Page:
Plenty has been carrying out village-scale development programs in rural Lesotho since 1978, and administered by Plenty Canada since 1981. In October 1985, with funding from the Near East Foundation, Dr. Wartinger went to Lesotho to conduct a “need and feasibility study” for a medical program.
Thomas Wartinger, MD, April 1985: Lesotho is one of the countries most severely affected by the African drought. It is a dry, impoverished land that sees its poverty peaking during the fourth year of little rain. Crop failures have followed the low rainfall and livestock herds are emaciated. The health of the people, especially the children, has degenerated. Infant mortality at this time is 120 infant deaths per 1000 live births, and adults can expect to live, on the average, no more than 45 to 50 years.
I found Lesotho’s health problems are based in poverty and the inhospitable physical environment. Tuberculosis, dysentery, and malnutrition are dominant in increasing the country’s morbidity and mortality rates. Though Lesotho’s medical problems are rooted in the physical and political environment, most of these problems are responsive to education, immunization, and increased community involvement in basic primary healthcare. The Ministry of Health in Lesotho understands that their country is too poor to establish an expensive Western medical care system. Therefore the Ministry has set a priority of establishing a primary healthcare system based in rural clinics and utilizing village healthcare workers.
Plenty Bulletin, October 1985: Dr. Wartinger developed a plan to establish a rural Health Center near Plenty’s ongoing project site. The plan calls for the construction of a clinic building and staff housing. The clinic will be staffed by trained, certified Basotho medical personnel and will open in the spring of 1986. Furthermore, the program will train a team of local village healthcare workers, who will be selected by their villages. The area to be served by the Health Center includes 116 villages and 11,000 people.
Thomas Wartinger, MD, Winter 1987: Early efforts at Ha Makoae included building a temporary clinic and housing for staff, purchasing a four-wheel drive Toyota Landcruiser and securing an agreement with the Ministry of Health as to the nature of our involvement. This agreement outlined our plans to open the Clinic in spring 1986 and support staff salaries for two years. It also called for our phase-out from the project by the spring of 1988.
Thomas Wartinger, MD, Lesotho Project Update: Wendy Day, a practicing RN-midwife from Edmonton, Ontario, has joined the project. She was originally an empirically trained midwife, then trained formally in midwifery in Texas, and received her RN license in Edmonton. Wendy has a nine year-old son who has accompanied her to Lesotho. Both are living at the Plenty Canada project in Ha Makoae. Wendy has been working daily as a midwife and in the administration of the clinic business.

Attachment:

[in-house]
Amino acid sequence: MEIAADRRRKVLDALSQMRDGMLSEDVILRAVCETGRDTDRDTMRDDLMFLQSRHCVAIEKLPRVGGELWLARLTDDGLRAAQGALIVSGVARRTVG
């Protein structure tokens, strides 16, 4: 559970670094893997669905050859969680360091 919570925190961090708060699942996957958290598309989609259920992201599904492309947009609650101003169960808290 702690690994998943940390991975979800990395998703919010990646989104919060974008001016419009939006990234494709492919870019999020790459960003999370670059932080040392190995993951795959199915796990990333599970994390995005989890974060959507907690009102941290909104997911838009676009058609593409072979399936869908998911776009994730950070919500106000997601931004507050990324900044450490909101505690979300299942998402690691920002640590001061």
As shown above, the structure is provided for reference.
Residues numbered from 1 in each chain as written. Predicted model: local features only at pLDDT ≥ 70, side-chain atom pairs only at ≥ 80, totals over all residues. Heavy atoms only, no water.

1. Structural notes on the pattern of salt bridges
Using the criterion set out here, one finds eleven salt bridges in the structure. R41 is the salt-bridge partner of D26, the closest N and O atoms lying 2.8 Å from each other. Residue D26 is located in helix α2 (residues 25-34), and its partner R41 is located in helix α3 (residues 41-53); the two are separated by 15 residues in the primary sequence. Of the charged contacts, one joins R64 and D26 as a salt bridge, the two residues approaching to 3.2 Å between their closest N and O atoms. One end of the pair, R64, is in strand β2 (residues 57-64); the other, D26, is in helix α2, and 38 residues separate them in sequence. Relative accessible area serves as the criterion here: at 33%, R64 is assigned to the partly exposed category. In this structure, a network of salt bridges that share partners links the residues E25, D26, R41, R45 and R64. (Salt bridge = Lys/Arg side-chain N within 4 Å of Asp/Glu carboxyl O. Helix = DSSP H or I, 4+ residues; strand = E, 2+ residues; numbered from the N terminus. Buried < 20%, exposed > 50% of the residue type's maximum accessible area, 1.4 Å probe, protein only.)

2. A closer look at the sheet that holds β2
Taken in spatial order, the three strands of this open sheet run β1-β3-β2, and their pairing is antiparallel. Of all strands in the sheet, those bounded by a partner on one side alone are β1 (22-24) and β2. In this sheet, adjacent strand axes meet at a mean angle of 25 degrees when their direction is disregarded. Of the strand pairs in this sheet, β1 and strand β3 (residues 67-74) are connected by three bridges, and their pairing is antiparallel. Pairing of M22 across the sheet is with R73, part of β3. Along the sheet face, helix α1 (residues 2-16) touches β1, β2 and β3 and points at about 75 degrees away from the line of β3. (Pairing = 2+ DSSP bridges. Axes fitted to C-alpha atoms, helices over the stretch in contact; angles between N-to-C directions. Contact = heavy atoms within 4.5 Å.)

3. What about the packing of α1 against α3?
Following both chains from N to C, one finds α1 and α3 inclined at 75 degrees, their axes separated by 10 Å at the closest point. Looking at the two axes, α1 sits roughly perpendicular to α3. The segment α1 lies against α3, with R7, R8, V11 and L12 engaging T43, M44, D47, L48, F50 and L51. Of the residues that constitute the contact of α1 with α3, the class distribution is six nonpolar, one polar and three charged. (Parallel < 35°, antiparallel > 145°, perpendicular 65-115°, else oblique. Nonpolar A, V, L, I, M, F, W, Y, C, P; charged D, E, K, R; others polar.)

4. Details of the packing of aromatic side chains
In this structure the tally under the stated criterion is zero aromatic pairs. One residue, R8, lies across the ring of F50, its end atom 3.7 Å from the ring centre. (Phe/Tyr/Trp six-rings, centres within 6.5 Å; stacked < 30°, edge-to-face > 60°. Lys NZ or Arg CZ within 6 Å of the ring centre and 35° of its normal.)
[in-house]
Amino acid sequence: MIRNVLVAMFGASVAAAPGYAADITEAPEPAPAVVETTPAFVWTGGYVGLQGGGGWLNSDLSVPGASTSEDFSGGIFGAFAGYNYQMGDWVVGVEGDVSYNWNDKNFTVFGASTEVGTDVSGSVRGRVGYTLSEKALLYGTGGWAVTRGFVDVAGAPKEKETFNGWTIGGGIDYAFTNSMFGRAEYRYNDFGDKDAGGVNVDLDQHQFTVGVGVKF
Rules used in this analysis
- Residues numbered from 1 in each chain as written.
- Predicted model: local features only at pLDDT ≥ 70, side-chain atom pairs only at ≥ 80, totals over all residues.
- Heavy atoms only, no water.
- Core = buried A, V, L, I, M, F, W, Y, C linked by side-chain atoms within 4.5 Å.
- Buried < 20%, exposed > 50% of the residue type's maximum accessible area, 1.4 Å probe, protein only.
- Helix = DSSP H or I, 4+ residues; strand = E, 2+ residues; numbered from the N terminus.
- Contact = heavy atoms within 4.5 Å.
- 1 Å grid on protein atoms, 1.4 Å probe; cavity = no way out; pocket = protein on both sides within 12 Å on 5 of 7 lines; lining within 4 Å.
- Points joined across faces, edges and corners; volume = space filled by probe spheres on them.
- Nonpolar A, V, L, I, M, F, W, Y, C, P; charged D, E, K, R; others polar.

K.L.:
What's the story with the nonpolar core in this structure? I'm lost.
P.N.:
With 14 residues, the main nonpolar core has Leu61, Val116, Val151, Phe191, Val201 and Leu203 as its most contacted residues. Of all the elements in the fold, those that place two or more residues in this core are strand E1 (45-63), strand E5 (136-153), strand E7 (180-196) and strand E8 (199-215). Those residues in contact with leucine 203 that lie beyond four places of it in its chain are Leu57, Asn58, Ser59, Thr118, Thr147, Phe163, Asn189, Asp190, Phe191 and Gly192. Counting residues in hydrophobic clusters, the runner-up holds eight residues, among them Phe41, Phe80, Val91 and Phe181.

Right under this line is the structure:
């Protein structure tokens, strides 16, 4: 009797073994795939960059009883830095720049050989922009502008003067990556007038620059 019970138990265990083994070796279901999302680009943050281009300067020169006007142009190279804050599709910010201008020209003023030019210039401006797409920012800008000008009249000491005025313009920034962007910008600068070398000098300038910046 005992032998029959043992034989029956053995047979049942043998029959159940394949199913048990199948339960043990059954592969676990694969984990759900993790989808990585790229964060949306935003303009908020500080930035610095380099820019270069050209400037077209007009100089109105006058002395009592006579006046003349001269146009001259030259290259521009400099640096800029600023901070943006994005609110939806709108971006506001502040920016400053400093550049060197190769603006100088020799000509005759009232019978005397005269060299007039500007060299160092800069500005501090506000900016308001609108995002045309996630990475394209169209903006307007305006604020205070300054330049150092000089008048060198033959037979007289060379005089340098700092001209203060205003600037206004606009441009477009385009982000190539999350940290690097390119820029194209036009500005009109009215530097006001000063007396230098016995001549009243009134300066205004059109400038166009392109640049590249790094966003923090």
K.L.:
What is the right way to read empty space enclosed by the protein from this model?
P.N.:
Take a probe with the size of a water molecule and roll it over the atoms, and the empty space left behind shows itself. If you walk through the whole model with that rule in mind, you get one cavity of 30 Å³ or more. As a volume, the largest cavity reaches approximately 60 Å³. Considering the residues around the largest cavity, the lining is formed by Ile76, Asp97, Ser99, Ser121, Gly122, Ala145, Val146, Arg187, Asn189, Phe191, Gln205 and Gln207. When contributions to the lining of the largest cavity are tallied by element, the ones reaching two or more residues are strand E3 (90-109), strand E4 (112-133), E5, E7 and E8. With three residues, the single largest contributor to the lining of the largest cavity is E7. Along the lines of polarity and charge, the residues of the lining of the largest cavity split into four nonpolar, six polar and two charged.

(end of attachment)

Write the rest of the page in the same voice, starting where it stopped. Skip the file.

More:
Wendy Day: Approximately 85% of Lesotho’s population lives in rural areas. Twenty-five percent of these live in high mountain areas such as ours. The government of Lesotho and the Ministry of Health welcomed Plenty into the Ha Makoae valley and shared our desire to improve the living conditions and contribute to the quality of life for everyone.
About 11% of all children born in Lesotho will die before their fifth birthday due to poor maternal nutrition and therefore low birth weight infants, as well as diarrhea, malnutrition, home accidents, and poor obstetrical care due to few trained birth attendants and lack of transportation to a health facility for prenatal care.
Plenty’s aim is to provide health services, education, and training with a long-term goal to reduce child and infant mortality and morbidity rates significantly.
Plenty U.S.A.’s healthcare development in Lesotho began in 1984 with a feasibility study at Ha Makoae. Following this, a $50,000 grant was received from the Near East Foundation (NEF) to support the project. Over the ensuing three years, the project received an additional $12,000 from NEF, substantial grants from the Atkinson Foundation, and a small grant from Catholic Relief Services in Lesotho. Added to this was a grassroots funding effort that raised $25,000. Of the project’s total funds to date ($100,000), 75% came from foundations and 25% from individual donors. — Thomas Wartinger, MD, Plenty Bulletin, Winter 1987
A few days after my arrival I went to see the chief of Ha Makoae, our nearest village, to introduce myself and explain my role in the community. One by one, people left their huts and climbed to the open area designated as a meeting ground where we waited. After discussing my role and answering questions, a few individuals said some words of thanks and then everyone got up and danced around me singing words of thanks and welcome. It was the first of many touching and rewarding experiences I had; to witness the warmth and genuineness of these people I would have the honor and pleasure of working with in the next two years.
The mad rush began on the next Monday when I saw 21 people total — fourteen pregnant ladies, one case requiring sutures; and one woman possibly with typhoid was transported to Quthing — plus I put in a few hours work on the waterline. Word is spreading quickly of the nurse in the area. Last night was my first birth in Lesotho and a very, very nice one at that. It was a third child and the quickest pushing I’ve seen yet. When the mother felt like pushing, I checked and she was 8 cm. Next rush — the head crowned. Of course, I suctioned the baby immediately and she is a fine five and a half pound ngoanana (girl).
If the women of Lesotho had the choice, they would give birth in health centers. Their homes are one-roomed, round, thatched-roofed huts where they live with their family. There is no running water, electricity, or privacy. Most households do not own sheets, usually sleeping between sheepskins and blankets. These women are often unable to deliver in health centers due to their lack of proximity to such a place, a very poor system of public transport, and the rarity of privately-owned vehicles. Therefore 60% of Lesotho’s women are giving birth at home.